There's only one island—called Fannette—in Lake Tahoe, and it rests in fjordlike Emerald Bay on the lake's California side. In winter, the bay and the state park on its shore have a "scrubbed-clean, crystal clear beauty," says Susan Grove, the area's park superintendent. Hike or snowshoe from a parking lot off Highway 89 down a steep trail of nearly a mile to Vikingsholm, a Scandinavian-style mansion built in 1929. You can tour the interior only in summer, but the mansion's grounds and bay views are accessible yearround. (530) 525-3345, parks.ca.gov/?page_id=506 .
The vivid blue waters of Bear Lake, on the edge of two adjacent state parks on the Utah-Idaho border, can be viewed from nearby snowmobile trails and mountain resorts. If the lake is frozen over, punch a hole in the ice to catch Bonneville cisco, a fish species found only here. (435) 946-3343, utah.com/stateparks/bear_lake.htm .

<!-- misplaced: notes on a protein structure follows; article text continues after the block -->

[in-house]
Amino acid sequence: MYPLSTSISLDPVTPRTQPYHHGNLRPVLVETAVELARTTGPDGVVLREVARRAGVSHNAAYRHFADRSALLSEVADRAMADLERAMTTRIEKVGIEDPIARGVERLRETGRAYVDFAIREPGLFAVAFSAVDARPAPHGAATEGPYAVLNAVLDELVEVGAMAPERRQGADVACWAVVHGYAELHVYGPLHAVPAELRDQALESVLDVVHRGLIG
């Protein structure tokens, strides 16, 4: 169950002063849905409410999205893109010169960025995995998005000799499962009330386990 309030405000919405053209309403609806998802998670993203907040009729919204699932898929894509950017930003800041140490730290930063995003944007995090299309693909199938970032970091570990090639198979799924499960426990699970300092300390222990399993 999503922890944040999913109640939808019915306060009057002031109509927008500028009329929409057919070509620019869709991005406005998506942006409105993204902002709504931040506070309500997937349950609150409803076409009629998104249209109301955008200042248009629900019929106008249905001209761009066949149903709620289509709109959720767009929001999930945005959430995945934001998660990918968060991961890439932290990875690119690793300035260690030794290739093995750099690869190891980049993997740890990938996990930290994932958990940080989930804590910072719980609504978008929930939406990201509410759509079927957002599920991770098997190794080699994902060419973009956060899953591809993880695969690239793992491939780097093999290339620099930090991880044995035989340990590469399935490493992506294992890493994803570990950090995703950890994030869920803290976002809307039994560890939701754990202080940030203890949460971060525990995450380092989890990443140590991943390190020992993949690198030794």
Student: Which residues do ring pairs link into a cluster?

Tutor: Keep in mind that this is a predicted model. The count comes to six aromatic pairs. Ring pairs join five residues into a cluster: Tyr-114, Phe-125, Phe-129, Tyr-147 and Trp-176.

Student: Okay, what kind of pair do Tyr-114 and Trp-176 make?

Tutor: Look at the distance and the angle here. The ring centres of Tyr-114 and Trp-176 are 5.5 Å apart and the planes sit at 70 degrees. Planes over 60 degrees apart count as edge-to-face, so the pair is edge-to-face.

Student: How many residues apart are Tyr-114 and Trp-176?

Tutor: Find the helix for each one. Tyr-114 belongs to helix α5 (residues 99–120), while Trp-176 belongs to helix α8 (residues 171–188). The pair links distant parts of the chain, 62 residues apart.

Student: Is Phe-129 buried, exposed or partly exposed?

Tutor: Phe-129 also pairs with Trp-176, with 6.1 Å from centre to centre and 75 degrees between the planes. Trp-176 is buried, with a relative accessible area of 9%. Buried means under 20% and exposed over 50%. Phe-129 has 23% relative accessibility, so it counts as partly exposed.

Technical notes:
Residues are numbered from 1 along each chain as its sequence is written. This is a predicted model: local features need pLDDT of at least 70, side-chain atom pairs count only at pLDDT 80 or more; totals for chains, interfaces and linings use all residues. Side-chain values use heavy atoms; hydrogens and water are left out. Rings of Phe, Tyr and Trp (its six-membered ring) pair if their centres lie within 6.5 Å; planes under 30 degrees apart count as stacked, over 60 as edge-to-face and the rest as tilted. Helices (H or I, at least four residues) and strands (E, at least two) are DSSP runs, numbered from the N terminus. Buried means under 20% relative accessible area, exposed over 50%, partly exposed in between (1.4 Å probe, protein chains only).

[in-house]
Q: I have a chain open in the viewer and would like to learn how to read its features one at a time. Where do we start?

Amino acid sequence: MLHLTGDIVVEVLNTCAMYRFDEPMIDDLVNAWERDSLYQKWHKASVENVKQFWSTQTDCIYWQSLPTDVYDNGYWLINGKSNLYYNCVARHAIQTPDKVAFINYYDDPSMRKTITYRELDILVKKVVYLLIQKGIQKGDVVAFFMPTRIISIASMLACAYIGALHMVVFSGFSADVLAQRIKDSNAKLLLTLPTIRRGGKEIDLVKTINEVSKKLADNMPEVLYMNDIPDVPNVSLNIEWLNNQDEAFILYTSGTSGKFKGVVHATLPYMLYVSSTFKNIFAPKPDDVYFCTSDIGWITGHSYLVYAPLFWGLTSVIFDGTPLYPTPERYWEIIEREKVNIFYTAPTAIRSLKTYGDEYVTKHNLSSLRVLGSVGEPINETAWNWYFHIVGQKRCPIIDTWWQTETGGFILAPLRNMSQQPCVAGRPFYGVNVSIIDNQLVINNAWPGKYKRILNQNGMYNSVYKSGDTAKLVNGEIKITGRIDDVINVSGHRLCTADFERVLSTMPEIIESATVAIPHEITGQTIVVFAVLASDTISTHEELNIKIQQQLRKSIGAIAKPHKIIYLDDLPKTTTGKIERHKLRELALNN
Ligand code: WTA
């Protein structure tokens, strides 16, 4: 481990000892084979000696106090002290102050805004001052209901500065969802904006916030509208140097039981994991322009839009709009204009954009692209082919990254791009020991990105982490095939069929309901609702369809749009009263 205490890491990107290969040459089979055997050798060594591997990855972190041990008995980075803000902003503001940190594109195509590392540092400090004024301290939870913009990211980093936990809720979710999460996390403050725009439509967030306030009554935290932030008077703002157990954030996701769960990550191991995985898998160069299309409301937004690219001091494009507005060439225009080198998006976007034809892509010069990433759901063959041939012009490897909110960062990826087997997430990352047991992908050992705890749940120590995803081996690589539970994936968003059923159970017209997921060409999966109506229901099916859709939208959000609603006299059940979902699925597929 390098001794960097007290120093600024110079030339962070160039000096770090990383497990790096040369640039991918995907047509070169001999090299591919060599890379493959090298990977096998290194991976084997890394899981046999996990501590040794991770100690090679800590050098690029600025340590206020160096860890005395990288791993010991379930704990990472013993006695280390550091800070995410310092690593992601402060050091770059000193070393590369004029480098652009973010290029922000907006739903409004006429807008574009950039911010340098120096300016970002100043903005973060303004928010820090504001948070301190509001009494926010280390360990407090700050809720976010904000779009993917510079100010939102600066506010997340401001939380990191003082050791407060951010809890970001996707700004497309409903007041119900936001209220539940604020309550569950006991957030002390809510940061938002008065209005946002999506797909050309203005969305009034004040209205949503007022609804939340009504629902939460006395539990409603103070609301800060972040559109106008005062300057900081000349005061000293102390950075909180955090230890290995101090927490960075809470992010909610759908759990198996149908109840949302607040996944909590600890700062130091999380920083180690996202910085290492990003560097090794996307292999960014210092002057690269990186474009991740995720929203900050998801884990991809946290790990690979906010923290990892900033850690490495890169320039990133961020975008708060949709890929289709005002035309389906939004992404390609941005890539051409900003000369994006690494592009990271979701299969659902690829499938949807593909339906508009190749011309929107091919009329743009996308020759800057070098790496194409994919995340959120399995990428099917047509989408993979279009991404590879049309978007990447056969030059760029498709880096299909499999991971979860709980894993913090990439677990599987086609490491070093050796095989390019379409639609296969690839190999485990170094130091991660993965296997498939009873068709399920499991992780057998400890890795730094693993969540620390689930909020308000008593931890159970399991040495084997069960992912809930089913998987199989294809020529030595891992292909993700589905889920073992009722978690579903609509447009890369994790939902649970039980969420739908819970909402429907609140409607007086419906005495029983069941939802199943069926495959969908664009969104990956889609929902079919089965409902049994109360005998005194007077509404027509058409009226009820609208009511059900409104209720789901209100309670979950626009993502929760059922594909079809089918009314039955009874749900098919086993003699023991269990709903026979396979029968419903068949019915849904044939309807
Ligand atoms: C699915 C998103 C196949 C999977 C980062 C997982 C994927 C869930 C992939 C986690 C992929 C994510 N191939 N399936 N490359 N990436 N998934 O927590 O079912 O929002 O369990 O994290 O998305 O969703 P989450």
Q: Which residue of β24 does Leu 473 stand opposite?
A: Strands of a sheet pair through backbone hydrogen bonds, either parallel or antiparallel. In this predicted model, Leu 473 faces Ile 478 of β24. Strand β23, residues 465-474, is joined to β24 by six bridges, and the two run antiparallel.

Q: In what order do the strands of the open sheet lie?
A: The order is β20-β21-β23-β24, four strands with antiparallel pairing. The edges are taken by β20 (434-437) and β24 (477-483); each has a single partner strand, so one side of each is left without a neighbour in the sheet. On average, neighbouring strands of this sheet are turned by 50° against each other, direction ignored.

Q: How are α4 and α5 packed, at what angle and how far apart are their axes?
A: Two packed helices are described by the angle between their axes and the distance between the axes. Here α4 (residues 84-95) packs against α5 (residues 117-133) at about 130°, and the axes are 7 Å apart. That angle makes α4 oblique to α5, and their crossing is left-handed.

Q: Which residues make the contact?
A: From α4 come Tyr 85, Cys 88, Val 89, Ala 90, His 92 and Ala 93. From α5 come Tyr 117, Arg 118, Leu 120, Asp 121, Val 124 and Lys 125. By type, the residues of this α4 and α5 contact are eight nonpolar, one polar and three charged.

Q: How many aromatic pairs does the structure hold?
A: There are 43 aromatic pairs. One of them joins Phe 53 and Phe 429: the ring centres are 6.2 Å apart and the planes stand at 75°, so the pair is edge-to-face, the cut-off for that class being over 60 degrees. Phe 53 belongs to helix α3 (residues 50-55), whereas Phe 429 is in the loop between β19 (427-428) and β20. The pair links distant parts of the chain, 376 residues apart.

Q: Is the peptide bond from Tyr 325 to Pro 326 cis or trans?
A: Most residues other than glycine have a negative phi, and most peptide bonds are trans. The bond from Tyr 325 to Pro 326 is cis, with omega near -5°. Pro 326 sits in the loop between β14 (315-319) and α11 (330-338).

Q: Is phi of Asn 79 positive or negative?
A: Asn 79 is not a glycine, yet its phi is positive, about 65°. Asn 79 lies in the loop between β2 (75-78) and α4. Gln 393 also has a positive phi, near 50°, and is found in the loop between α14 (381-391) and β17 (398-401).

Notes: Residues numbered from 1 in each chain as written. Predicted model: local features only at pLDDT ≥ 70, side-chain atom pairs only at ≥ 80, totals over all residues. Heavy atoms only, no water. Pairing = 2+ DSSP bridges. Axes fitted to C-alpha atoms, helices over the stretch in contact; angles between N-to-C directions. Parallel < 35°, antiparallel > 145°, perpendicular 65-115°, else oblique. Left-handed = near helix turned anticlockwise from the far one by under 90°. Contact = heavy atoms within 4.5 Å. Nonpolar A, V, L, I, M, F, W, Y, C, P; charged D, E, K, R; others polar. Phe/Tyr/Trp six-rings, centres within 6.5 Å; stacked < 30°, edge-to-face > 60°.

Coeur d'Alene Lake
As they do in Emerald Bay, divers troll for sunken boats in Coeur d'Alene Lake, off Highway 90 on the western edge of Idaho's panhandle. Other visitors head to the lake's Wolf Lodge Bay from late November to early January to watch migrating bald eagles feed on spawned-out salmon. (877) 782-9232, cdachamber.com 
Photography by Lee Foster /Lonely Planet
This article was first published in January 2010. Some facts may have aged gracelessly. Please call ahead to verify information.